Microsoft Takes Six Billion Dollars From Android

By Ewan Spence

A long time ago, Microsoft MSFT +0.00% purchased Nokia's Devices and Services division. In the period between the deal being announced and the deal closing, Nokia’s engineers pushed out one last hurrah. The Nokia X range of handsets, powered by Nokia’s own fork of Android, tied into Nokia’s ID system as well as Microsoft’s nascent cloud services.

The specifications placed the handsets in the budget and mid-range market, so we never got to see a full-throttled Nokia Android platform, but I like to think that Finnish engineers were happy to get the chance to show what they could have done had Nokia made a different decision on February 2011 instead of announcing its adoption of Windows Phone.

As the deal closed, it left Microsoft CEO Satya Nadella with a question… would Microsoft pick up the challenge of Android or would the Nokia X be left behind in a metaphorical Finnish limbo? The focus went to Windows Phone, and the upcoming move to Windows 10 across the full portfolio, and Nokia’s Android present was left on the doorstep.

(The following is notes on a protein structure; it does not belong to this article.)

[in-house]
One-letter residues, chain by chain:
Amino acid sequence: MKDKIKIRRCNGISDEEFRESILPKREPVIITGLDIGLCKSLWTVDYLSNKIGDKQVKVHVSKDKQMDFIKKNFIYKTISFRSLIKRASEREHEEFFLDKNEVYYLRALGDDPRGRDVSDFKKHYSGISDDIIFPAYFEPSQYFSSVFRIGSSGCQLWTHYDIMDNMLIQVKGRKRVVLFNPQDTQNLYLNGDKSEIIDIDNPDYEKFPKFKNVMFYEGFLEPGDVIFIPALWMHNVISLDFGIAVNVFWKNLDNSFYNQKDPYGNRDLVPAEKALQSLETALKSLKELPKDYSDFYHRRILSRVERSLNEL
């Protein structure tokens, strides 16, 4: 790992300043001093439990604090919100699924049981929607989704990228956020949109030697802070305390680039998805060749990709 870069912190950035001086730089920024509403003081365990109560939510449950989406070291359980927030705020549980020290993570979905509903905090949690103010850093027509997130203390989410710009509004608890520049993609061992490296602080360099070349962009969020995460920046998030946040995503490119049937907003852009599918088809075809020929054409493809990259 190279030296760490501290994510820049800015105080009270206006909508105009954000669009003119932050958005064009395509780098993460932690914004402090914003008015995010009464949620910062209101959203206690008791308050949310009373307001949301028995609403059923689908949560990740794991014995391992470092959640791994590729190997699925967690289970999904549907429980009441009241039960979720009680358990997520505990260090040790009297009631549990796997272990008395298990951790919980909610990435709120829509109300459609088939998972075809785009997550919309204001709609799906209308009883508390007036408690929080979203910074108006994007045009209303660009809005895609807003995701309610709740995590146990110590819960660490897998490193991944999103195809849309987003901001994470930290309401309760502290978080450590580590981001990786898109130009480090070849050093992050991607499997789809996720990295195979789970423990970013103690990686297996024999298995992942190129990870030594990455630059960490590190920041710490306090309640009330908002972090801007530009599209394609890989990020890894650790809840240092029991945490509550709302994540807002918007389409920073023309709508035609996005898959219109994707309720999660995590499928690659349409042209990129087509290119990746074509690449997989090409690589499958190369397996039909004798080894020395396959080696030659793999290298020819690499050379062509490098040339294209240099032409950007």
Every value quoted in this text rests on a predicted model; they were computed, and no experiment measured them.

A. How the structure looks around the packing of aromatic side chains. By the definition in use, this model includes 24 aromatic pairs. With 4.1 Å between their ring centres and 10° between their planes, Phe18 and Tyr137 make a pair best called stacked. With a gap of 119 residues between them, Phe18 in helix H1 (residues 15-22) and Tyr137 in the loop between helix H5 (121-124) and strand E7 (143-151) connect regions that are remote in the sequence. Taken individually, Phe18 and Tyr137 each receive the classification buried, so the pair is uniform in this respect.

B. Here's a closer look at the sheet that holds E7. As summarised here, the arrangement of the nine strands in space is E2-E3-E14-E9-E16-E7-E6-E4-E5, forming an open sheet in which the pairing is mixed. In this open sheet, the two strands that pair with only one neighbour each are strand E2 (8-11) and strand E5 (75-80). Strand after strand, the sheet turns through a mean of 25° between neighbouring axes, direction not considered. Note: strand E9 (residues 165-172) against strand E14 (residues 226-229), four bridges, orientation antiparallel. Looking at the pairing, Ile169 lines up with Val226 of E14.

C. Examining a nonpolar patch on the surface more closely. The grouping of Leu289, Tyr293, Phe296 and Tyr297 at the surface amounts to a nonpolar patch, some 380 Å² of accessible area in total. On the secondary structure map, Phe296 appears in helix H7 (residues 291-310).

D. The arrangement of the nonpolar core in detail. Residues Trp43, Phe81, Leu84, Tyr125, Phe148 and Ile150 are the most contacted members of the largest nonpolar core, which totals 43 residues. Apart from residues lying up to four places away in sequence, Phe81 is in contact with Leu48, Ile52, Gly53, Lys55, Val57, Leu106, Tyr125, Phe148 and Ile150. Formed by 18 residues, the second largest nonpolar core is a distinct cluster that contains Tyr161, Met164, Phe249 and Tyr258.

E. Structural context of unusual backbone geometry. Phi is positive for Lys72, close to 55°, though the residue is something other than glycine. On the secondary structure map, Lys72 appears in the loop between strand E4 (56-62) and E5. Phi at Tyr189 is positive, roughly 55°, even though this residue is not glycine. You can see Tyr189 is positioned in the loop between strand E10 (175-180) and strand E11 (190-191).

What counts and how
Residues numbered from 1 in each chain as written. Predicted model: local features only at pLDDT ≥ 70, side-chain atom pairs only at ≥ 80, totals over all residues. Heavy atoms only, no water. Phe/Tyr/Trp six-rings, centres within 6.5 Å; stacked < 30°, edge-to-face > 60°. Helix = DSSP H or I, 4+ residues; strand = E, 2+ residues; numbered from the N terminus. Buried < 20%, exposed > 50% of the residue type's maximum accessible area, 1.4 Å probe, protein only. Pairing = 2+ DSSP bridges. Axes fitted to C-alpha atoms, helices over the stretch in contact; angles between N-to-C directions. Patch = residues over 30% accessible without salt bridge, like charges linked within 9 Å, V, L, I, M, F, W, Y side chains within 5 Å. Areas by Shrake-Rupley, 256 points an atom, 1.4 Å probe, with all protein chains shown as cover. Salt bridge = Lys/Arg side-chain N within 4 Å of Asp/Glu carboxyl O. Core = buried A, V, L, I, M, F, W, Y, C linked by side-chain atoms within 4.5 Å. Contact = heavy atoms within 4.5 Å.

If we smash cut to the present day, Microsoft’s Windows 10 move is under way with the desk-bound computers, the Surface hardware now on the updated operating system, and Microsoft is as far away from manufacturing and distributing its own Android device as… well… Apple AAPL +0.82%. Why would it want to, when it has the Android platform where it wants it?

Financially Microsoft is one of the biggest winners from the growth of Android as a platform, thanks to its wide range of patents. Samsung’s royalty payment to Microsoft in 2013 was for over one billion dollars ($1,041,642,161 and fifty cents), roughly $3.41 per device. With roughly 300 million Android handsets sold last quarter, that could be another billion coming to Redmond.

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